Efforts to advocate for the safety of children in an Upstate New York town will resume one night early this week when an organization will host an identification card booth at a town party, according to a published report.
The National Night Out party in Lebanon on Tuesday evening will see Masons from the East Linn Lodge host the table as they have since 2007, The Albany Democrat-Herald reports.
Nationwide chapters of the organization are gung-ho about identification cards for children, which it considers to be a national project.
"We've had the program going for five years, and so far we've done about 5,800 students," child ID coordinator Greg O’Neal with the lodge in Lebanon told the news source. "If it saves one kid, it's all worth it."
Organizers are genuinely hopeful that families never have to use the identification cards because that typically would mean that some sort of emergency or disaster has reared. But should an emergency occur, information like a picture of the child and a fingerprint sample would be at the ready and, hopefully, serve a valuable purpose in confronting the challenge at hand.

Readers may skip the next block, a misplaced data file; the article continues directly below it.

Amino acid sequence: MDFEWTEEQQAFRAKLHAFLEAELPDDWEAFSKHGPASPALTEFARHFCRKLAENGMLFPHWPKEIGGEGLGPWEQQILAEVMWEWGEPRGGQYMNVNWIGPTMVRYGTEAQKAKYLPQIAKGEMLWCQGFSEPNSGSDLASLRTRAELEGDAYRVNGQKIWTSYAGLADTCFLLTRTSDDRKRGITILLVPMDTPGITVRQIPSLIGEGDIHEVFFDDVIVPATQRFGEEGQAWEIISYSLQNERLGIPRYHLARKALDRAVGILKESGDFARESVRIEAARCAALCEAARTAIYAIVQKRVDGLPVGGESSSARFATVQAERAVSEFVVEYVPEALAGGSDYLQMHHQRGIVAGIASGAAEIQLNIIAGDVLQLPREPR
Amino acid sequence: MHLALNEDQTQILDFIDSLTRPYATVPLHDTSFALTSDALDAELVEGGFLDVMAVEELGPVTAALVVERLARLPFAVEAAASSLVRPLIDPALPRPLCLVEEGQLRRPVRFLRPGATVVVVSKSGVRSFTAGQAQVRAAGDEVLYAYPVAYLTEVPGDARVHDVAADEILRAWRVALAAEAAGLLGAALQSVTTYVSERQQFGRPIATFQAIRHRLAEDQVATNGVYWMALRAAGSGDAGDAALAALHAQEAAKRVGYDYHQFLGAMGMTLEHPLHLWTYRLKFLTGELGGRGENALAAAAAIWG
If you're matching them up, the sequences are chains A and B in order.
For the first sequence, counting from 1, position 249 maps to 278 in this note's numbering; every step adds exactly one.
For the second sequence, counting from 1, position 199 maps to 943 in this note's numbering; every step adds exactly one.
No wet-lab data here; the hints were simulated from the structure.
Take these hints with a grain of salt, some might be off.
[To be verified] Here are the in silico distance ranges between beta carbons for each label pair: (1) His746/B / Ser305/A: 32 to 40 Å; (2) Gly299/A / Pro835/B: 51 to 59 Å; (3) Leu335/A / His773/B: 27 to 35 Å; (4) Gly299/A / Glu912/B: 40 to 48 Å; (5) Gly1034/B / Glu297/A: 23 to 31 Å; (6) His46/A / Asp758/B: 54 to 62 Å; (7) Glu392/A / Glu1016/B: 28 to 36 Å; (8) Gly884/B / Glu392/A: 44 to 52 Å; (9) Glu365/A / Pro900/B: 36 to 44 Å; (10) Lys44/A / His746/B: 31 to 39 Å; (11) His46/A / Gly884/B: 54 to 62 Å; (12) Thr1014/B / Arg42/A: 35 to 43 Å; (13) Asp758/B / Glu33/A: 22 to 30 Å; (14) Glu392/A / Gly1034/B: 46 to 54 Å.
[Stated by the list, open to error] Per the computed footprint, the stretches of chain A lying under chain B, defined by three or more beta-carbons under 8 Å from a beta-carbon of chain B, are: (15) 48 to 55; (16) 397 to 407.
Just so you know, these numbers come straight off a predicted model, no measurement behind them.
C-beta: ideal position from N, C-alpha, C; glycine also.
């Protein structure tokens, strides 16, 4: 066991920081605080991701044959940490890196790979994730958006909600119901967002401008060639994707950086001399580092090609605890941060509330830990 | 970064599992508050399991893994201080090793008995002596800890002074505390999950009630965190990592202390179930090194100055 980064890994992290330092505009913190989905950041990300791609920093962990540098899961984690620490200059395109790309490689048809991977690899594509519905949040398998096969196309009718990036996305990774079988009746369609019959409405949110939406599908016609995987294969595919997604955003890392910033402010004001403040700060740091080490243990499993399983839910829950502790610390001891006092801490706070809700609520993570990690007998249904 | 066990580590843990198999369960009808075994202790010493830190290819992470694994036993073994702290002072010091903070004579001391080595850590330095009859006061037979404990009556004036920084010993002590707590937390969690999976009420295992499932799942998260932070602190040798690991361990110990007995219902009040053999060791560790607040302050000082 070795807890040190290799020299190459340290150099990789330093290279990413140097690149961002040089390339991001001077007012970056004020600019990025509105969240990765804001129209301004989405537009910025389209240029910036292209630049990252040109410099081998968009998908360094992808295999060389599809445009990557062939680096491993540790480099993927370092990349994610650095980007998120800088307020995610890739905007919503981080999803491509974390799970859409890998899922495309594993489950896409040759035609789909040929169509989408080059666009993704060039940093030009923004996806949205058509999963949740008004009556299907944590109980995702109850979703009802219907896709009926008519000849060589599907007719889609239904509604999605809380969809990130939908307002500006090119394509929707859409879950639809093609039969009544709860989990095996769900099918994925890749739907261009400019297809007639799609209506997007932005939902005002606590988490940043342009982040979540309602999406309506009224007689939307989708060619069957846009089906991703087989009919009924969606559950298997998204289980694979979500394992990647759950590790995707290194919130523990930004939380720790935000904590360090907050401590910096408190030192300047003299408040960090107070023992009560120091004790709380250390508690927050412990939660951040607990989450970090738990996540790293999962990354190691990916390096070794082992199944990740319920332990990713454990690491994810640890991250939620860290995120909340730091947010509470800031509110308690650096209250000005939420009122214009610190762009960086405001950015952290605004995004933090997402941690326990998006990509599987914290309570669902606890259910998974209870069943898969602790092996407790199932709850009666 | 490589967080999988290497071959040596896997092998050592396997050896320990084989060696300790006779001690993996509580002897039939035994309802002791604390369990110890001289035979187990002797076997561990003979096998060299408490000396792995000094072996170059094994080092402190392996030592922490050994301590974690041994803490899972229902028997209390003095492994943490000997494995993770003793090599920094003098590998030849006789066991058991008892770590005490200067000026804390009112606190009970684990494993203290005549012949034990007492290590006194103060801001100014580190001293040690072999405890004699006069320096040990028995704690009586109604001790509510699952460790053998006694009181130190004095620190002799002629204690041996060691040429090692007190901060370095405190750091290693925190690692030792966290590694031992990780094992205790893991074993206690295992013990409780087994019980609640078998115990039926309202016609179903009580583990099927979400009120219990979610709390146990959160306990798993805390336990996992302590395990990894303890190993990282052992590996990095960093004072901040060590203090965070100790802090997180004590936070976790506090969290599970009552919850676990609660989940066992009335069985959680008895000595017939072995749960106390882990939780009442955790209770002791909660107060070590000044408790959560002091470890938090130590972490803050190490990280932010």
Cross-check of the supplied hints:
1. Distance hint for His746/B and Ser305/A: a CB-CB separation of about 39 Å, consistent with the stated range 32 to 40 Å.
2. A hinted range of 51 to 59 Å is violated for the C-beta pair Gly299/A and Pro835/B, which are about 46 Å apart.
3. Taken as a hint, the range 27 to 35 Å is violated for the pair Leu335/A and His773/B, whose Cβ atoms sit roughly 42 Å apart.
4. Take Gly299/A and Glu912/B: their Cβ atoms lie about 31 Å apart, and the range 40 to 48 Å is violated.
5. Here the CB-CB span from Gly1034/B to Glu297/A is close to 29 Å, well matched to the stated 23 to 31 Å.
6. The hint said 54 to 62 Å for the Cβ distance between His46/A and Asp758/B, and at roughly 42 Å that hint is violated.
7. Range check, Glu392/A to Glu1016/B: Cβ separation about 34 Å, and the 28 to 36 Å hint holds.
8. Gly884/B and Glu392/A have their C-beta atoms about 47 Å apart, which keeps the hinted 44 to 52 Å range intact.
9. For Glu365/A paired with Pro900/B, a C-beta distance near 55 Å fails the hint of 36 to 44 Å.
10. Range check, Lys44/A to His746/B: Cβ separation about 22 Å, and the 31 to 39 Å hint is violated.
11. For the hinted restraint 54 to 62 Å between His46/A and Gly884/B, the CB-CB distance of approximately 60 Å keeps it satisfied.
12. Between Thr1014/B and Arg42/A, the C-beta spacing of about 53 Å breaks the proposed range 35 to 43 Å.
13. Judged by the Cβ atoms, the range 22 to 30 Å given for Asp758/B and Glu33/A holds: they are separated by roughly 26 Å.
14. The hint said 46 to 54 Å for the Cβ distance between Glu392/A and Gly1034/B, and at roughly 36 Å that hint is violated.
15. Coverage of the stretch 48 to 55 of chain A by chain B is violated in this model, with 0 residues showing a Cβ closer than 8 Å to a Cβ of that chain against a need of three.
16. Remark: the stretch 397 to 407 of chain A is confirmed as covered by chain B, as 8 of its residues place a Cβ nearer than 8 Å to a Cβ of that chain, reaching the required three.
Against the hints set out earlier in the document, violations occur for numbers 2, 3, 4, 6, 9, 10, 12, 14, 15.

One key factor in dealing with these types of situations is time, particularly the necessity and opportunity to proceed quickly through the investigative process, according to a local police chief.
"Even more so when you are dealing with a missing child," police chief Bob Burford with Sweet Home told the news source.
The Masons produced child identification cards earlier this year at the annual safety fair of Sweet Home.
But the Masons do not store information about the children, O'Neal told the publication. And once the parents are provided a card that information is deleted from the computers.
The cards offer parents one tool to act rapidly in the case of an emergency. The identification cards are equipped with directions on how parents may broaden information about their children.
"On the cards we attach some information on how the parent can collect and keep a DNA sample," O'Neal told the news source.
Similar efforts ensued this past weekend in South Carolina.
The Hartwell Rotary Club and the Pilot Club of Hartwell distributed applications to parents for complimentary Amber Safe Child Silver ID cards, The Independent Mail reports. The identification card can come in handy should a child go missing.
"Basically, the parents provide us with the information we need - height, weight, hair color, eye color and any medical conditions," coordinator Herb Hicks with the Rotary Club told the news source.